9. Anonymous says:

    Please don't feed the troll. Even if it (he) is almost a pet here :-) .

    [Insert obligatory compliment about how good Raymond is recreating arbitrary dialog boxes in plain HTML]

  10. Anonymous says:

    In this case, I think the real troll is the Windows 8 Open-With dialog. There are so many things wrong with it that it's difficult to know where to start, and hard to imagine it turned out so bad by accident. I honestly thought my Windows 8 install or VM drivers were malfunctioning the first time it appeared. :)

    Merry Christmas, everyone.

  11. Anonymous says:

    I love it how when Raymond is claiming to be 'lazy' he still creates a fully-functional dialog box that works across all browsers.

  12. Anonymous says:

    Bonus point, how it happened: What probably happened is someone with write/create privileges tried to open that file in a program that doesn't understand spaces.

  13. Anonymous says:

    The Windows 8 Open-with dialog really is a shocker.

  14. Anonymous says:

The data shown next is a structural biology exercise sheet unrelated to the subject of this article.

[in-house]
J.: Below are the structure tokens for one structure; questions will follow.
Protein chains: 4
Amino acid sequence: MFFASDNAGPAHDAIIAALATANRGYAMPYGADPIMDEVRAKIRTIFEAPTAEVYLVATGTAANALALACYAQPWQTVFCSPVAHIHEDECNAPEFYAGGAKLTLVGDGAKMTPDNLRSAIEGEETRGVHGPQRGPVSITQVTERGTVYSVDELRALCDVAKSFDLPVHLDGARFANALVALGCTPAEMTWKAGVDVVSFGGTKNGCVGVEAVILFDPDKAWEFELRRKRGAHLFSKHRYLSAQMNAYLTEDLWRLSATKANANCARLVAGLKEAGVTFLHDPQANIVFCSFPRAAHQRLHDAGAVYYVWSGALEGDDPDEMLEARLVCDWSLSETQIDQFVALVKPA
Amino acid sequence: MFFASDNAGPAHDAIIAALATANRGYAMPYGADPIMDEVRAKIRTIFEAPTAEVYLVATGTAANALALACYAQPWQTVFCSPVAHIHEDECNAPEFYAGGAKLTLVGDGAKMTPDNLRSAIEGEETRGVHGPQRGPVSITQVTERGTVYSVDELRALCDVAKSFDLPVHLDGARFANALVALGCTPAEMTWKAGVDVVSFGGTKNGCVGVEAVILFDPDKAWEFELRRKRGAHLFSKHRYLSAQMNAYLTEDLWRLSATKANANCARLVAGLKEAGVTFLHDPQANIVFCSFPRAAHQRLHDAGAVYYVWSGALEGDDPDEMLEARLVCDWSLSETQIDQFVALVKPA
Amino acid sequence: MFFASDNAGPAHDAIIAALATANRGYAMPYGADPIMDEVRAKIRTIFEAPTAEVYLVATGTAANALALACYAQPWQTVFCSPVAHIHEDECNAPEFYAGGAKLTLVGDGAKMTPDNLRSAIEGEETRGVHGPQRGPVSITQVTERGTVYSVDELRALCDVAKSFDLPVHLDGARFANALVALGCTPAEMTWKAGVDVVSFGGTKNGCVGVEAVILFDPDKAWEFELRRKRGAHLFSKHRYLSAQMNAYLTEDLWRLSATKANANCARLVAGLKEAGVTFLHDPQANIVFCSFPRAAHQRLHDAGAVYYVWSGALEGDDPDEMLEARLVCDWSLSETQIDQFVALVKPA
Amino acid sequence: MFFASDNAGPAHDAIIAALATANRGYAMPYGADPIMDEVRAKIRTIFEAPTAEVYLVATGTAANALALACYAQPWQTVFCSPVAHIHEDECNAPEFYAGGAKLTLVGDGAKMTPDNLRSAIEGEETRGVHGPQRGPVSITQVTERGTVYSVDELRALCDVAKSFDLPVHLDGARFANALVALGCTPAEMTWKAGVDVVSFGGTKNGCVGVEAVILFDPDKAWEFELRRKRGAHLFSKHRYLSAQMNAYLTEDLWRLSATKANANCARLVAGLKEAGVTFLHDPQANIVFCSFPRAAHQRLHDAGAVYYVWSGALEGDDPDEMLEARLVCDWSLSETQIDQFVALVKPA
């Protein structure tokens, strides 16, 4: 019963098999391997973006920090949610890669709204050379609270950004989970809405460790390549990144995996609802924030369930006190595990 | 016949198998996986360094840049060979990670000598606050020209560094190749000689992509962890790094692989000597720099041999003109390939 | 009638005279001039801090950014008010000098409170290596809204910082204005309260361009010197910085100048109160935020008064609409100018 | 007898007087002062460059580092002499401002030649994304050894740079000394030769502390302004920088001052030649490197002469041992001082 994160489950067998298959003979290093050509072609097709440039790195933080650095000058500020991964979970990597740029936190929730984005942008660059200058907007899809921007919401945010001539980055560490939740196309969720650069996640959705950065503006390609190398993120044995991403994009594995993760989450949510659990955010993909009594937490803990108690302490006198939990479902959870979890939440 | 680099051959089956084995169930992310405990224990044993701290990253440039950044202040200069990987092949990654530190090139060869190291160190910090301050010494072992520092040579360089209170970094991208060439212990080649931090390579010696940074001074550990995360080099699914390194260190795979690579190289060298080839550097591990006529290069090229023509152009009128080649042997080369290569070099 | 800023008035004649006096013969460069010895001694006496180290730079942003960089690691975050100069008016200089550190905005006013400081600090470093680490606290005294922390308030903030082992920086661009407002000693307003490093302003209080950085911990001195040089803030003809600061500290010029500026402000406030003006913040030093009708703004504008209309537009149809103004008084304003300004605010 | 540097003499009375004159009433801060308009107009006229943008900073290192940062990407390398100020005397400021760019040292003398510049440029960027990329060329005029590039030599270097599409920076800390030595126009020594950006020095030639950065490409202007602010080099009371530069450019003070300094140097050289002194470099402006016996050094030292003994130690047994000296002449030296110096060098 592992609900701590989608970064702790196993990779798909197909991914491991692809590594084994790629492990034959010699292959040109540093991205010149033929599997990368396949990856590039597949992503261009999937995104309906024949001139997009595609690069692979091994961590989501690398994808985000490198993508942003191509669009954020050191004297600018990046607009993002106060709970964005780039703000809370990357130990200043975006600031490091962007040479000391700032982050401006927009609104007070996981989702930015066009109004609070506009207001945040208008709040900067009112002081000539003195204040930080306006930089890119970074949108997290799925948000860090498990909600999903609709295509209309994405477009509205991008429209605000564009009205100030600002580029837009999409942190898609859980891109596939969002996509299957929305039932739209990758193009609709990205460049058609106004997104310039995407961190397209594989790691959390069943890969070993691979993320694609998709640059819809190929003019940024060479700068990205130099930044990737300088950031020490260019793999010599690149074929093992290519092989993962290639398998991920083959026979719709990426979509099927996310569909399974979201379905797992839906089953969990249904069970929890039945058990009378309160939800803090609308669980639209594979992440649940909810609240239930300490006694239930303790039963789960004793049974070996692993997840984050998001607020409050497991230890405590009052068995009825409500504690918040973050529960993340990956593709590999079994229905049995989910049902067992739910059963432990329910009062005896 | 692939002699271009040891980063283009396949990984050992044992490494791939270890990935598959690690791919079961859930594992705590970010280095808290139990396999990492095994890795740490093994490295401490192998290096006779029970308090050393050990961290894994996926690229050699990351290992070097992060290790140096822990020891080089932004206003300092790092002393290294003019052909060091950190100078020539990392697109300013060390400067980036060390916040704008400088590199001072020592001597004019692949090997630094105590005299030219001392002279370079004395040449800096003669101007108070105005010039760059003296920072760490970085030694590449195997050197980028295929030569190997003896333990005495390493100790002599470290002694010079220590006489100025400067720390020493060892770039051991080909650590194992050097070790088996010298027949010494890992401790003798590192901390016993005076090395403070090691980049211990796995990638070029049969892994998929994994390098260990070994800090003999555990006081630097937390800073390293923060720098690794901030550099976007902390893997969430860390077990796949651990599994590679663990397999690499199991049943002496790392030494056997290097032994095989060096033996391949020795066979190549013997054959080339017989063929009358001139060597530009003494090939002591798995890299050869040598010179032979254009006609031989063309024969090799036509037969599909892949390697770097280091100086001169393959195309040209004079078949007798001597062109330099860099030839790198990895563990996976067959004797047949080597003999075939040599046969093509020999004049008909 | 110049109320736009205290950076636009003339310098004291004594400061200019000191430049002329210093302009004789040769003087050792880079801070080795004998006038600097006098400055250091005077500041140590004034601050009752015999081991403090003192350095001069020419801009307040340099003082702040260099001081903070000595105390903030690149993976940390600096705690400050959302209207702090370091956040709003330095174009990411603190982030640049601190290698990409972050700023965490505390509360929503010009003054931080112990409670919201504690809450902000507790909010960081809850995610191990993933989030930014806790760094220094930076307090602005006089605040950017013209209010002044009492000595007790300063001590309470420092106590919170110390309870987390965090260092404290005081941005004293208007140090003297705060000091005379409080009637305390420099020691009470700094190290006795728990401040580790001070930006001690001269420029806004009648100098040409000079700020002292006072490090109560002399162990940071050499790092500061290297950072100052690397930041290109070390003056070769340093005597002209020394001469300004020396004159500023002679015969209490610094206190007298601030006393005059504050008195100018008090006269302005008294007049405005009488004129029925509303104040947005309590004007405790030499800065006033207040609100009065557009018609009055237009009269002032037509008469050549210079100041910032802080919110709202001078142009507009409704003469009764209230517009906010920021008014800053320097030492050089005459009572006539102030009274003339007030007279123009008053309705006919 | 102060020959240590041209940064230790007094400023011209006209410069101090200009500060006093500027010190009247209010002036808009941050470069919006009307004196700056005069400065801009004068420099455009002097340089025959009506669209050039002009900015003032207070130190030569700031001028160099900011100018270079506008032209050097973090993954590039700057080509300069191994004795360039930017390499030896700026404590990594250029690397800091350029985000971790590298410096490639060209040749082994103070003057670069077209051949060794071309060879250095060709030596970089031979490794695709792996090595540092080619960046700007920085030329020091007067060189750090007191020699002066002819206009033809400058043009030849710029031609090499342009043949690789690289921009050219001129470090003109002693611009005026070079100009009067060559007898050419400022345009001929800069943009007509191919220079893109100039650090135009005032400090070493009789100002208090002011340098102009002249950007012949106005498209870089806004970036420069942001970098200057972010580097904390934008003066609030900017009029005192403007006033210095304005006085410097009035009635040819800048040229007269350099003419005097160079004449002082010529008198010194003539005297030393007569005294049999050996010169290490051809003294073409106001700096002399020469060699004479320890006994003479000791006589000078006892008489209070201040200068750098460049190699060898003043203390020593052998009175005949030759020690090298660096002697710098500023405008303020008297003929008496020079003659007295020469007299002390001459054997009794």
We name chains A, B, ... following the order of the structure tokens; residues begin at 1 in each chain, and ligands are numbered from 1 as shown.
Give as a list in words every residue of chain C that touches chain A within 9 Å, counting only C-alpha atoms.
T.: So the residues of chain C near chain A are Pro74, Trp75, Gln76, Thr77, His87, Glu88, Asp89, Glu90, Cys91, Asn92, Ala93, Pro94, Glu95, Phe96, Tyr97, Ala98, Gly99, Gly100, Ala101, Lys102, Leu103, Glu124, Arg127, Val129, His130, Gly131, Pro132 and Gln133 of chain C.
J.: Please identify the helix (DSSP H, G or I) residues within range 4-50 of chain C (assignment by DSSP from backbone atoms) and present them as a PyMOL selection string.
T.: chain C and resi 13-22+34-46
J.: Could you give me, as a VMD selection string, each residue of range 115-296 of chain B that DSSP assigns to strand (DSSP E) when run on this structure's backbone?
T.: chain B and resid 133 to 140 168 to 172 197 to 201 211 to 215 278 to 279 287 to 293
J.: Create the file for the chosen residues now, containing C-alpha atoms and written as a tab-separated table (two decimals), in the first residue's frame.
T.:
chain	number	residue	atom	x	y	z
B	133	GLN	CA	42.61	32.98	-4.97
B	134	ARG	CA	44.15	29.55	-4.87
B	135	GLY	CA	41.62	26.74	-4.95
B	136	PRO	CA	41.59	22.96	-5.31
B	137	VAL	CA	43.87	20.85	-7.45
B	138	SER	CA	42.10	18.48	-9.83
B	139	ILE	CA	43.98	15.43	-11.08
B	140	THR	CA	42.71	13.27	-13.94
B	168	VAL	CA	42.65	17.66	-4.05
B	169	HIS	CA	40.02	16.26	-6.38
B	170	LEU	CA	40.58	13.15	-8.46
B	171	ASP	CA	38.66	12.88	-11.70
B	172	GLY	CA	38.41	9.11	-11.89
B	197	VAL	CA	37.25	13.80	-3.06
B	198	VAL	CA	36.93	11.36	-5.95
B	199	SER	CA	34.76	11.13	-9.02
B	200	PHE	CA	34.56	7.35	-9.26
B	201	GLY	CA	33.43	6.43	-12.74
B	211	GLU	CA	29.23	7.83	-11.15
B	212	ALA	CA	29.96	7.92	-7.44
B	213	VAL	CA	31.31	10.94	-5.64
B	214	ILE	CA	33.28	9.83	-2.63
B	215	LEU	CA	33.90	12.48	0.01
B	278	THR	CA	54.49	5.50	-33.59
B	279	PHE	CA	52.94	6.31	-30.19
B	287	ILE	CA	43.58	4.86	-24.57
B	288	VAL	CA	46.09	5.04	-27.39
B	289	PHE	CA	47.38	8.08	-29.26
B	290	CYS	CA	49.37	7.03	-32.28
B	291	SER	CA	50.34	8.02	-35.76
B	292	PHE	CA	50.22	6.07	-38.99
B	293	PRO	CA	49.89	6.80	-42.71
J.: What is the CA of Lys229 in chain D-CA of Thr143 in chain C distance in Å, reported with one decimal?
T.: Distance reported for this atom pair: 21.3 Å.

it is not important,but…

    "Support" file has no extension,so "Always use the selected program to open this kind of file" is grayed out,isn't it?

    happy holidays too!

  15. Anonymous says:

    Chunky Ks:

    Note that \servershareSupport Library is a directory, not a file, and opening av "Support Library" directory (or one of the files in it) for write is a rather uncommon operation.

    Nevertheless, your explanation may very well be the explanation of how the file came to life. (I probbly would never have thought of that myself!)

  16. Anonymous says:

    Came to give props on the functional dialog boxes even in g-reader, but I see the topic was already covered.  So let me just add in another.  That's some top-notch blogging, Mr. Chen.

  17. Anonymous says:

    It's a nice dialog box, but perhaps the 'Browse' button could be hooked up to open a file chooser dialog?

  18. Anonymous says: